Indian Snake Charmers

by Chris Devonshire-Ellis

March 23rd, 2010

India has a love-spiritual relationship with snakes, somewhat different to the Chinese who just eat them. Both feared and revered, they are often to be seen at markets, touted by Charmers who will play a melody to get the snake to ‘dance’. In reality, the snake moves in relation to the swaying of the snake charmer, but that doesn’t hide the fact that the Indian Cobra used is one of the most deadly snakes on earth. It is the most dangerous of the Big Four, the four snake species responsible for most fatal snakebites in India for which a single polyvalent antivenom has been created. Like other cobras, Naja.naja is famous for its threat display involving raising the front part of its body and spreading its hood.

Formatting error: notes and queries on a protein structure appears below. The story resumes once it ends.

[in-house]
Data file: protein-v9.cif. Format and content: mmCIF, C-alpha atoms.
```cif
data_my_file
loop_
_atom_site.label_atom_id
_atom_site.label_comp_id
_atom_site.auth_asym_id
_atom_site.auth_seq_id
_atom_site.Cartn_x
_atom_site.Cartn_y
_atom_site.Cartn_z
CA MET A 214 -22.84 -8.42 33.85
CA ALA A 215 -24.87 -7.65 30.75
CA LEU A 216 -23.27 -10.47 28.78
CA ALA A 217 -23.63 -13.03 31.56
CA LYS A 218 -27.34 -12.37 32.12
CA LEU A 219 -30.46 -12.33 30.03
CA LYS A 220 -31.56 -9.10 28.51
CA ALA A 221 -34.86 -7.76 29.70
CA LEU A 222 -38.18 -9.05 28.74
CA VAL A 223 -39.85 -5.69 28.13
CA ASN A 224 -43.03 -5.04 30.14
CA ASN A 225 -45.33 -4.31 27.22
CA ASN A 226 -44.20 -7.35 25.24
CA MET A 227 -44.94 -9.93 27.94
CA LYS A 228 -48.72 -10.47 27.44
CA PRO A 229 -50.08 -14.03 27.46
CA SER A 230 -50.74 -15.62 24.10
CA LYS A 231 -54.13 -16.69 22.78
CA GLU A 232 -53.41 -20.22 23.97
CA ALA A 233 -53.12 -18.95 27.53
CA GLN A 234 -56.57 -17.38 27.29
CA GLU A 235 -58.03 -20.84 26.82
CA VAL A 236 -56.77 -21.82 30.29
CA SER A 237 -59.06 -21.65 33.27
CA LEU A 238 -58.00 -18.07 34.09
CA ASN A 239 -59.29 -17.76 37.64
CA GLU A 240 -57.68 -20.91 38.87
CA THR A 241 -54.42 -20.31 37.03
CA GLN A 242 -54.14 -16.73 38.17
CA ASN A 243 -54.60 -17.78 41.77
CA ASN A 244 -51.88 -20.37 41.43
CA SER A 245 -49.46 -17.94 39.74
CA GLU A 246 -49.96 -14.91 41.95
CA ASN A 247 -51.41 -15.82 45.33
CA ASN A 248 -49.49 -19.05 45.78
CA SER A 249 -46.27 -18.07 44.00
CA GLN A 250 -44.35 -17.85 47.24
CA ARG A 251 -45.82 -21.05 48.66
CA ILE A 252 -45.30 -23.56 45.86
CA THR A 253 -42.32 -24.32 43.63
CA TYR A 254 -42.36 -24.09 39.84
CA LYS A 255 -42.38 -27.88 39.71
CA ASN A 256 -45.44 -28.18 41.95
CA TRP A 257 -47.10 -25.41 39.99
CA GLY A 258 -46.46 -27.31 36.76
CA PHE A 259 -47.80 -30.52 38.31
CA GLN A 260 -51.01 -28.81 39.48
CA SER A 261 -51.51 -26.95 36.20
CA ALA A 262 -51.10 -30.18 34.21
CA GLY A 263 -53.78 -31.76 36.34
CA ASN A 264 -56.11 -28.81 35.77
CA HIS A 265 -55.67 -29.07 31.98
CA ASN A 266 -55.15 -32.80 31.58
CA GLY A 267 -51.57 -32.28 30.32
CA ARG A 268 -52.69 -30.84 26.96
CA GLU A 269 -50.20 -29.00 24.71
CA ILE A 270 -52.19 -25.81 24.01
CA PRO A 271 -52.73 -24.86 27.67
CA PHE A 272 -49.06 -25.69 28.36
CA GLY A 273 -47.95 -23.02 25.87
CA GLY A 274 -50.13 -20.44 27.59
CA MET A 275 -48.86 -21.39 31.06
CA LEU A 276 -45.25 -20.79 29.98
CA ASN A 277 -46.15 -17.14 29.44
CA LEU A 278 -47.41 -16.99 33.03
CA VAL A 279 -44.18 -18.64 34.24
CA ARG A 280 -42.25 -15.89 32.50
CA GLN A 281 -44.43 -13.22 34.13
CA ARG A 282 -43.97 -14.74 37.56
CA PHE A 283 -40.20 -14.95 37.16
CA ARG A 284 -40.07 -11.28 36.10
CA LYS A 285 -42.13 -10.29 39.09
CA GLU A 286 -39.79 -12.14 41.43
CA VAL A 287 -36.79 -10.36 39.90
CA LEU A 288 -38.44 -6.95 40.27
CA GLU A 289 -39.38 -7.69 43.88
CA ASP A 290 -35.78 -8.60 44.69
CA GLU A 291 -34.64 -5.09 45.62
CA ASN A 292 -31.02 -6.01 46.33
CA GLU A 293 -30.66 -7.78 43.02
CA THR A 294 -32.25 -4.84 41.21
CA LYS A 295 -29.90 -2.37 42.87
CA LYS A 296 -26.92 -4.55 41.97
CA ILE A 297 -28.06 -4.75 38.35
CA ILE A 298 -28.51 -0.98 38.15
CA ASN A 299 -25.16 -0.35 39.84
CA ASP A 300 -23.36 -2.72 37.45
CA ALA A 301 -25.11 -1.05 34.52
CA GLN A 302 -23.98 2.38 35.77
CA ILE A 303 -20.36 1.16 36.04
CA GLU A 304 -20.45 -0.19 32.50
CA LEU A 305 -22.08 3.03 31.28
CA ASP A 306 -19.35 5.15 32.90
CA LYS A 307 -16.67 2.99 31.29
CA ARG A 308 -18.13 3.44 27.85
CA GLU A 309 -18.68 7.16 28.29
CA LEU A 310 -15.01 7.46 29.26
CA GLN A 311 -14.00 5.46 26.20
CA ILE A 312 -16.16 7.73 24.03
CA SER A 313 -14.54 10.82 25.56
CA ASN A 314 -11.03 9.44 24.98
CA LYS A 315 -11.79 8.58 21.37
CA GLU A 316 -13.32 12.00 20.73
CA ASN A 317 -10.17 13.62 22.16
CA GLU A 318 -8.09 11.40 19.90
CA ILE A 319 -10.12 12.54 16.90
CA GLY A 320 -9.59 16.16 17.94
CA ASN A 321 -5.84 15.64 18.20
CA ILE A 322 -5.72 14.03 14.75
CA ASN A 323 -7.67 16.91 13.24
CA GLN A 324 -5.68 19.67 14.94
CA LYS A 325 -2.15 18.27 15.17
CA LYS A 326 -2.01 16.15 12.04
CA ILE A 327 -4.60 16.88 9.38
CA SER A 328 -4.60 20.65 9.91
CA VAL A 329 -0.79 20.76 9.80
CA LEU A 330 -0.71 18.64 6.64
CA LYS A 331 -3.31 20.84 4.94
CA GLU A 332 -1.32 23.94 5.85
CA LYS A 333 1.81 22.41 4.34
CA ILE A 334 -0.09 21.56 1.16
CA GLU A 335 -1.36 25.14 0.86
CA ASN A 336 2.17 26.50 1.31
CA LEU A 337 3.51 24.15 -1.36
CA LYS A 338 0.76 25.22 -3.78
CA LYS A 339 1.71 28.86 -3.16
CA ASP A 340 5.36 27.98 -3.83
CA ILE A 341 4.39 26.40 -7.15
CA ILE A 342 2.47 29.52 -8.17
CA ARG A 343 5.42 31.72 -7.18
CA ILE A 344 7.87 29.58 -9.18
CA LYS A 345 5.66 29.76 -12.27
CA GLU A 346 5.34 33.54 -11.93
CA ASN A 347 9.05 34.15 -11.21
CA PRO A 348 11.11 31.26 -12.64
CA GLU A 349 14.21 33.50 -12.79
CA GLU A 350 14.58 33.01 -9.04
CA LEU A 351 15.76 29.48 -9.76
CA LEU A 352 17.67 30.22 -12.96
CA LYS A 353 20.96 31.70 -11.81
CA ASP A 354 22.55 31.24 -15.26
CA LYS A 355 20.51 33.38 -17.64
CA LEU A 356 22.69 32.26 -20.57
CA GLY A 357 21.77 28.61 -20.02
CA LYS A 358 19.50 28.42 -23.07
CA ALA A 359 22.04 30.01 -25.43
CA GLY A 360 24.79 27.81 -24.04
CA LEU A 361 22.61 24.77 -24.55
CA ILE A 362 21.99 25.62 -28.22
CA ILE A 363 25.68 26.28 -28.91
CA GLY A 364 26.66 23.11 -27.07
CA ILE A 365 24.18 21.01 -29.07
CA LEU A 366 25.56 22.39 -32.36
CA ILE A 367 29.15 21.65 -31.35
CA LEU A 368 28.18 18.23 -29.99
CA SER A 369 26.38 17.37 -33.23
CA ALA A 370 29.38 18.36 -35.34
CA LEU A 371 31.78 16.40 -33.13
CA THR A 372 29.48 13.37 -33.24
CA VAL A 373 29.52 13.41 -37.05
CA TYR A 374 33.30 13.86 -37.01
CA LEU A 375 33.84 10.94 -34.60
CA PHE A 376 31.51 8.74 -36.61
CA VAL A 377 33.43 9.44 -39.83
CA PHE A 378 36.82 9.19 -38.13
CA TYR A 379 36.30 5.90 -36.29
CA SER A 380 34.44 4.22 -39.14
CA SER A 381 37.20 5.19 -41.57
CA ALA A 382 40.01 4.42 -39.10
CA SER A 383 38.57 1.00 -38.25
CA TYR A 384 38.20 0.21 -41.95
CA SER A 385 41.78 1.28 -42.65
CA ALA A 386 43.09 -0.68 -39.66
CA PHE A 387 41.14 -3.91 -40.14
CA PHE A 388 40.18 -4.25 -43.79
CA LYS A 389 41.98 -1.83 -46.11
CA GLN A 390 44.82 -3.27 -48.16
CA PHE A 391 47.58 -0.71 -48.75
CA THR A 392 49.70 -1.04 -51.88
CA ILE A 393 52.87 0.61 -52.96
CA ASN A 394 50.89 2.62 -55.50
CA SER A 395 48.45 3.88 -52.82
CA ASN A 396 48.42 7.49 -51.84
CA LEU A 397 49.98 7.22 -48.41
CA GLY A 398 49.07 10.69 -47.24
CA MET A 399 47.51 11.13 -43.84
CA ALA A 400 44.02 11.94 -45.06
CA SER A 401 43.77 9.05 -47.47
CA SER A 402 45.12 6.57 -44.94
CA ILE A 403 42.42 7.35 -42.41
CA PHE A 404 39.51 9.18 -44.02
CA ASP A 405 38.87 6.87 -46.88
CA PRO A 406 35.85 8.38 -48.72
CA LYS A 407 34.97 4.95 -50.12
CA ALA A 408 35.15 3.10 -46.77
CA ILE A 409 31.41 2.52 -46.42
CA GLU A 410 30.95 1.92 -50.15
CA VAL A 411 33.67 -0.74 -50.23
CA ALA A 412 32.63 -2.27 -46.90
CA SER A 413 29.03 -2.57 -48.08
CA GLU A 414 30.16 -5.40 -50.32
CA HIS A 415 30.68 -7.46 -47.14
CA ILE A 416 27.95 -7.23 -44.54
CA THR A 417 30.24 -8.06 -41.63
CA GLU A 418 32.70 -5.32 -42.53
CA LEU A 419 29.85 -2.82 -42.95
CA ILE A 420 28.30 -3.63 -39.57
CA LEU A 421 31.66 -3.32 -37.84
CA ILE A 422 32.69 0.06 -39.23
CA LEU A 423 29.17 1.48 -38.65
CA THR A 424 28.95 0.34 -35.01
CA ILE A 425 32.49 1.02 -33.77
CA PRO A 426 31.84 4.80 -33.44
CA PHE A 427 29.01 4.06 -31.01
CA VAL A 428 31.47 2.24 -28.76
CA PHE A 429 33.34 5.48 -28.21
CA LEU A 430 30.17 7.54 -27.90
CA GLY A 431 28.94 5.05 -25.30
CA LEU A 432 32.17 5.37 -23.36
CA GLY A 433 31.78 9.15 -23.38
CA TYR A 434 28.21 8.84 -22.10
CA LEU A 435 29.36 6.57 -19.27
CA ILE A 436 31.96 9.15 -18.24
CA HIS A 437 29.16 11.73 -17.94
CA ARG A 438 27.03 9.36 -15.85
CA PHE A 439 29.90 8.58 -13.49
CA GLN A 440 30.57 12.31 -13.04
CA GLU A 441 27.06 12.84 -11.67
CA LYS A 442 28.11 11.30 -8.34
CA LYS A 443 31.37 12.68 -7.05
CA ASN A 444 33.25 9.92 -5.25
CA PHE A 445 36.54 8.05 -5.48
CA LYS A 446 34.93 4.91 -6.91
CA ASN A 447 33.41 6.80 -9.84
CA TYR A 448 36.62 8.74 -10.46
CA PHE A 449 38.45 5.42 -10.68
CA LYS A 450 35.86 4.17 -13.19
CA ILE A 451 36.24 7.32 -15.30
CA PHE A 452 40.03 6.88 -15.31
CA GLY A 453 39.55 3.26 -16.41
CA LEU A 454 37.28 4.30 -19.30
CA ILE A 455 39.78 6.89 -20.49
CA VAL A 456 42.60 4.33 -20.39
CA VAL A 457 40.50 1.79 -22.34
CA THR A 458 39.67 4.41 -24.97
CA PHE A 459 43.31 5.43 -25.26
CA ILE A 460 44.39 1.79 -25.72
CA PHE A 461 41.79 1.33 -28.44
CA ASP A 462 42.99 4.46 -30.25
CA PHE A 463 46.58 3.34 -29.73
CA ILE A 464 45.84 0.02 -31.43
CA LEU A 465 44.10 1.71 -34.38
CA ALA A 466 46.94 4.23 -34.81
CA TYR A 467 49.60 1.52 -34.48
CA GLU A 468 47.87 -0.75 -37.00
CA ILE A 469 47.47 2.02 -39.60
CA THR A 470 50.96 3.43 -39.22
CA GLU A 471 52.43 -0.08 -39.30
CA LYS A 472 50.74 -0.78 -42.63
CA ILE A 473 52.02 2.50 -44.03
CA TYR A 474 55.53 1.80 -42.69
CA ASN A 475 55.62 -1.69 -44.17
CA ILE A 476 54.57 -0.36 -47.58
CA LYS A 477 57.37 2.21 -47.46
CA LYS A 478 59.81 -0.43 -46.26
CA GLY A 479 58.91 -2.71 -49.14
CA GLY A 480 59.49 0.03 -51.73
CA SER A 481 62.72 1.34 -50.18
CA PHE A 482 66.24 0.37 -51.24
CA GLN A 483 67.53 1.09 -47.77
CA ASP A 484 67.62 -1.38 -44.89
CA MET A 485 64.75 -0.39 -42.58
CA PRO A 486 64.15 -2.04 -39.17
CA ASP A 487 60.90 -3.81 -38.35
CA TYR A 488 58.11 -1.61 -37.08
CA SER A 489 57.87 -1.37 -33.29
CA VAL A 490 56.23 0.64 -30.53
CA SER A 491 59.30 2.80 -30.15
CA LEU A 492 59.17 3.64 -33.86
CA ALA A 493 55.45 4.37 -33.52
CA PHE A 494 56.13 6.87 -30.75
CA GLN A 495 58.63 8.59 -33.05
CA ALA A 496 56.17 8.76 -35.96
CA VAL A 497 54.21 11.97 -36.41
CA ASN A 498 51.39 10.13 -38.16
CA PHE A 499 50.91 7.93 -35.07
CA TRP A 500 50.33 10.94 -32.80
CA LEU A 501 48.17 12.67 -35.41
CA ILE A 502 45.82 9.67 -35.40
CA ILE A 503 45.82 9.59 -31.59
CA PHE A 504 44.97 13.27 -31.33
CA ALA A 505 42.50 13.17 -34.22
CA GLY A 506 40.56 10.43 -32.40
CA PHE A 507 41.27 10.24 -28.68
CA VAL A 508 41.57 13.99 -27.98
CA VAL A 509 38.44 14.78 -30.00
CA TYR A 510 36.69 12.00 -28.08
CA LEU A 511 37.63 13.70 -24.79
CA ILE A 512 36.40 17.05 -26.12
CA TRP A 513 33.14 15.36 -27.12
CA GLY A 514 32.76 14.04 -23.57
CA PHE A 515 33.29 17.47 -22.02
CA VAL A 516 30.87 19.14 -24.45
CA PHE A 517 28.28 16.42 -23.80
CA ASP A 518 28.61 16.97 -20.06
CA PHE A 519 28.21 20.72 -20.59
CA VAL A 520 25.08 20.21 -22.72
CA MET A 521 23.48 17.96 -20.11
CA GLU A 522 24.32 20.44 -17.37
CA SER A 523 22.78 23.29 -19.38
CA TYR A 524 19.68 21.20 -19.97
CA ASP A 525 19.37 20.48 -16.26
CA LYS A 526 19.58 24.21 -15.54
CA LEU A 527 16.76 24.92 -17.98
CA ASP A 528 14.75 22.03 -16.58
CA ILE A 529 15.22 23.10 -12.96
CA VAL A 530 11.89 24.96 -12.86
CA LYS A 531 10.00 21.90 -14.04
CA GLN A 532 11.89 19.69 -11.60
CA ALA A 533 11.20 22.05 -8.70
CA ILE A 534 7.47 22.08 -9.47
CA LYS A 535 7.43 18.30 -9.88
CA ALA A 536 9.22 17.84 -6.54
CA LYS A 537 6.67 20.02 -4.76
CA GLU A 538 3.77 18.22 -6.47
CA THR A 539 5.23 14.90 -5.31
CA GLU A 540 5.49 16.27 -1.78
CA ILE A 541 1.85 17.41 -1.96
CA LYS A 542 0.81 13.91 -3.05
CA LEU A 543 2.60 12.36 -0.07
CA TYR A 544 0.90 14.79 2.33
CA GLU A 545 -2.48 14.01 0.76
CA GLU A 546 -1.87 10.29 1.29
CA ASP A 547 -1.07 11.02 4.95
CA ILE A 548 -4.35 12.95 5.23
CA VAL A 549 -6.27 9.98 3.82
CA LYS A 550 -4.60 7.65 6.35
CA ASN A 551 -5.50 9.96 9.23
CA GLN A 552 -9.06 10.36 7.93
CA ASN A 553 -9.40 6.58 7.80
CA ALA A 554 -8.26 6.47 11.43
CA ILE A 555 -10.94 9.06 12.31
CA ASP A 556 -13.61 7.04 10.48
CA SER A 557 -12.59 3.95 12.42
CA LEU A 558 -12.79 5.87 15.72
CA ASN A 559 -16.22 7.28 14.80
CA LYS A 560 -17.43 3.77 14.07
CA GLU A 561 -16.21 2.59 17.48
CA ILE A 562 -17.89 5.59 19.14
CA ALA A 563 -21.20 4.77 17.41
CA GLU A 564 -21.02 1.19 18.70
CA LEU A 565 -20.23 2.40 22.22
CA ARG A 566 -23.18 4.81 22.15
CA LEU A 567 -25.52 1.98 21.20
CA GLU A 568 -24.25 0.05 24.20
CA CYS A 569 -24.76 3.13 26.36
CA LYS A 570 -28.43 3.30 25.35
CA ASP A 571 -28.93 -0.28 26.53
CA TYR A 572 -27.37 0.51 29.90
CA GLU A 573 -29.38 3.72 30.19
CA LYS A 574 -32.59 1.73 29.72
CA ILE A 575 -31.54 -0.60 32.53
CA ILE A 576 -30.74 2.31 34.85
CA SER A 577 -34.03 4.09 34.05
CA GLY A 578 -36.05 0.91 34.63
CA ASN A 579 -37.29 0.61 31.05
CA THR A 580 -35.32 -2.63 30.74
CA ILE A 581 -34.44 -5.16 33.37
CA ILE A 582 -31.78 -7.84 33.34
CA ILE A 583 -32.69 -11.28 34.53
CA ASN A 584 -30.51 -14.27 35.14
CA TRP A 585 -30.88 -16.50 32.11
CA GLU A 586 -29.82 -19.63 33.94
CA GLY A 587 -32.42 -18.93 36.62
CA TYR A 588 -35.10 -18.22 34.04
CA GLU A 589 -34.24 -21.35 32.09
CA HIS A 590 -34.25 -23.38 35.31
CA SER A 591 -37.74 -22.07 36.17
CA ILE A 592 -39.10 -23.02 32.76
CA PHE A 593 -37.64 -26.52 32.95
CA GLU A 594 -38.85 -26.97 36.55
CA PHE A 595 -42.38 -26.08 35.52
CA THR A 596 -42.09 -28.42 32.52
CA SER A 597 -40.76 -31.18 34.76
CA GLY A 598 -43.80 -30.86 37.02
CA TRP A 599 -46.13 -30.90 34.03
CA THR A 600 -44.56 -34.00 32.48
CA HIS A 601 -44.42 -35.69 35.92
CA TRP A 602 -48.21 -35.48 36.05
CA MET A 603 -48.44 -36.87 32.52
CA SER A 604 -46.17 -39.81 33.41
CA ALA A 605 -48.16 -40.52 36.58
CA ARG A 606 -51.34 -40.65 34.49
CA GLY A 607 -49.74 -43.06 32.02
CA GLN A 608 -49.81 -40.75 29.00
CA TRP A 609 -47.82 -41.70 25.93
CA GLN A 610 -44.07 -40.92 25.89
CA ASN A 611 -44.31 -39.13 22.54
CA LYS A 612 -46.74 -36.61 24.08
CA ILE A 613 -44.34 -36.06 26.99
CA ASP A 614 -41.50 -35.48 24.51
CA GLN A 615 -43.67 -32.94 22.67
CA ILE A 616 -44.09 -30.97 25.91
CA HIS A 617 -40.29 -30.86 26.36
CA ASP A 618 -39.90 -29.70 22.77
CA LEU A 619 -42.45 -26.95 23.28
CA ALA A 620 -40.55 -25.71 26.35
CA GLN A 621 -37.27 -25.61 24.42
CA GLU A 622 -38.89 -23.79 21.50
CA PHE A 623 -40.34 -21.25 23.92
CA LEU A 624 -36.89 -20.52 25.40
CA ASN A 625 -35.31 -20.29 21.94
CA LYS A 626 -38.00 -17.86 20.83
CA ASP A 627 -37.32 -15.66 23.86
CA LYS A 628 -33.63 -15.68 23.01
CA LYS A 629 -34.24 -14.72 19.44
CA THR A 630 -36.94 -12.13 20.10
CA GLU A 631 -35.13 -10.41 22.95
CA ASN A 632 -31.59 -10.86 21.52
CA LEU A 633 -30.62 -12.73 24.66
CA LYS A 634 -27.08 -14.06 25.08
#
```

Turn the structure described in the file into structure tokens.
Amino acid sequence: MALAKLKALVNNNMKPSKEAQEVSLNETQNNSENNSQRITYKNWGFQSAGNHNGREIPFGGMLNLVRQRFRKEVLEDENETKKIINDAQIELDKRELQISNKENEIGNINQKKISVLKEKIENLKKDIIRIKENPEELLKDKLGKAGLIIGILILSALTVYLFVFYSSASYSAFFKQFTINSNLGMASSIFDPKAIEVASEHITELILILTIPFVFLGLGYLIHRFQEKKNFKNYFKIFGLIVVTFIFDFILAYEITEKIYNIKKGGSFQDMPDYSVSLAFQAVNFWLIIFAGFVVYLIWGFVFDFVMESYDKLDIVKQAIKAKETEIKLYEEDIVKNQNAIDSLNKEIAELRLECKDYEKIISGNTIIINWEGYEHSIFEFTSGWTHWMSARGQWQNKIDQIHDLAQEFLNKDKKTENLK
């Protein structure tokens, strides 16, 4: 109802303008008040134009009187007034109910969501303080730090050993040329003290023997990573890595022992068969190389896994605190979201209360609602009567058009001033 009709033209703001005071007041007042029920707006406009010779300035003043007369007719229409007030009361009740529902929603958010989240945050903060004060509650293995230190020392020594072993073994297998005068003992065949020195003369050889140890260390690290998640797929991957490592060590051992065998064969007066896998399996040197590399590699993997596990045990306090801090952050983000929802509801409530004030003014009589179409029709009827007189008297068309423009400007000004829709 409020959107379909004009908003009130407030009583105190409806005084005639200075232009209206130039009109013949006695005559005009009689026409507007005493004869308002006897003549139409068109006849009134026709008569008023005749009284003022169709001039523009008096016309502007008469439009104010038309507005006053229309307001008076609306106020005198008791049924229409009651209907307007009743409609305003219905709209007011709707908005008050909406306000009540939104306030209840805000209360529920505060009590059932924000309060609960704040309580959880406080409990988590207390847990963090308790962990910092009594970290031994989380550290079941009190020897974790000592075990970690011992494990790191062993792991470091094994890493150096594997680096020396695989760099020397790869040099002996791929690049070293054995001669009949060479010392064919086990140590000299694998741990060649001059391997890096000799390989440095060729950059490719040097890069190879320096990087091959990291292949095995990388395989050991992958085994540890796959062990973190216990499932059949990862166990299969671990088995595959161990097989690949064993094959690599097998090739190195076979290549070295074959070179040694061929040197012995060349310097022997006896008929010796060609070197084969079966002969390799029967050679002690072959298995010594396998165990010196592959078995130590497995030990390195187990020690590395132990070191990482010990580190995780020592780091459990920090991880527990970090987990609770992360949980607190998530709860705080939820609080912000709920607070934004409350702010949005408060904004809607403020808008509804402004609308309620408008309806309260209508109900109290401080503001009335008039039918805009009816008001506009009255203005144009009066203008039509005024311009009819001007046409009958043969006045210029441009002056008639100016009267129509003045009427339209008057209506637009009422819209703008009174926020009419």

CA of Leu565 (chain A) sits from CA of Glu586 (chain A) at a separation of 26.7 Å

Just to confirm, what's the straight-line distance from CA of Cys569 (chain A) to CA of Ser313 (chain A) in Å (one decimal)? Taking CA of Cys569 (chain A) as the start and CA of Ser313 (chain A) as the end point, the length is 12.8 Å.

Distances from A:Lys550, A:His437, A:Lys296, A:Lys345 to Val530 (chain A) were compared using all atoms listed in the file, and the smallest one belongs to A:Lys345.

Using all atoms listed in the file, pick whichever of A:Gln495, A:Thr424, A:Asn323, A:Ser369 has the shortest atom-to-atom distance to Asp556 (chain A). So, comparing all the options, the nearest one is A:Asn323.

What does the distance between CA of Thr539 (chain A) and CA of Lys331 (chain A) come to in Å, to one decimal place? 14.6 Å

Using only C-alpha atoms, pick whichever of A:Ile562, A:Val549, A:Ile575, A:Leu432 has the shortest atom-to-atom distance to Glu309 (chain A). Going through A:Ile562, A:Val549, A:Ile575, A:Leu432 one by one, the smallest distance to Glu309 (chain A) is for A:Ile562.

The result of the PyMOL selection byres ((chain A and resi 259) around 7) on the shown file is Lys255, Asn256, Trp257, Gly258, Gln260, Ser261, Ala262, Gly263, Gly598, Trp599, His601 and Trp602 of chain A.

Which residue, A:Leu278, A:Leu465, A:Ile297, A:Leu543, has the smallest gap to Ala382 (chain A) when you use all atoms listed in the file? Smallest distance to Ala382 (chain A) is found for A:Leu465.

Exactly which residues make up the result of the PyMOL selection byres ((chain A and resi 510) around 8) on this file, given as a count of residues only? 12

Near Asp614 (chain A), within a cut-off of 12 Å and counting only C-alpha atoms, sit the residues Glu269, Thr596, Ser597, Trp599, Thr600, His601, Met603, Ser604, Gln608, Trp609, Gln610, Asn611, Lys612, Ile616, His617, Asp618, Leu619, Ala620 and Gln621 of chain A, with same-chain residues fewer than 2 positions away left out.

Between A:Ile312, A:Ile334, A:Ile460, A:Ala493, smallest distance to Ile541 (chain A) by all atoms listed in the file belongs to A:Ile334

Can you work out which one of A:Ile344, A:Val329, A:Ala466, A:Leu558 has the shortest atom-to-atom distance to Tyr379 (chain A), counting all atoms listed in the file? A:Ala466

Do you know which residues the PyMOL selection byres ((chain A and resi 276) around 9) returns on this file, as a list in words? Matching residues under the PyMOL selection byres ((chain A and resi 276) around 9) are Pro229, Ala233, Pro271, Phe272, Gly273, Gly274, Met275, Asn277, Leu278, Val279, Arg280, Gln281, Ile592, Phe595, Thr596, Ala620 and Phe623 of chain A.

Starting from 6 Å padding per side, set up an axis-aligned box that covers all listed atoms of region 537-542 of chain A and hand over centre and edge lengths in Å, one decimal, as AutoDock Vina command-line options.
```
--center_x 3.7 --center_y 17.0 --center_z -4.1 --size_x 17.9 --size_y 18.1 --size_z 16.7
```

This snake is revered in Indian mythology and culture and is often seen with snake charmers. It is now protected in India under the Indian Wildlife Protection Act, however is still a common sight in Indian markets and temples. In India, the spectacled cobra is much respected and feared, and even has its own place in Hindu mythology as a powerful deity. The Hindu god Shiva is often depicted with a protective cobra coiled around his neck. Vishnu, the preserver of the universe, is usually portrayed as reclining on the coiled body of Sheshnag, the Preeminent Serpent, a giant snake deity with multiple cobra heads. Cobras are also worshipped during the Hindu festival of Nag Panchami. The Indian cobra’s celebrity comes from its popularity as a snake of choice for snake charmers.The cobra’s dramatic threat posture makes for a unique spectacle as it appears to sway to the tune of a snake charmer’s flute. Snake charmers with their cobras in a wicker basket are a common sight in many parts of India only during the Nag Panchami festival. The Cobra, of course, is deaf to the snake charmer’s pipe, but follows the visual cue of the moving pipe and it can sense the ground vibrations from the snake charmer’s tapping.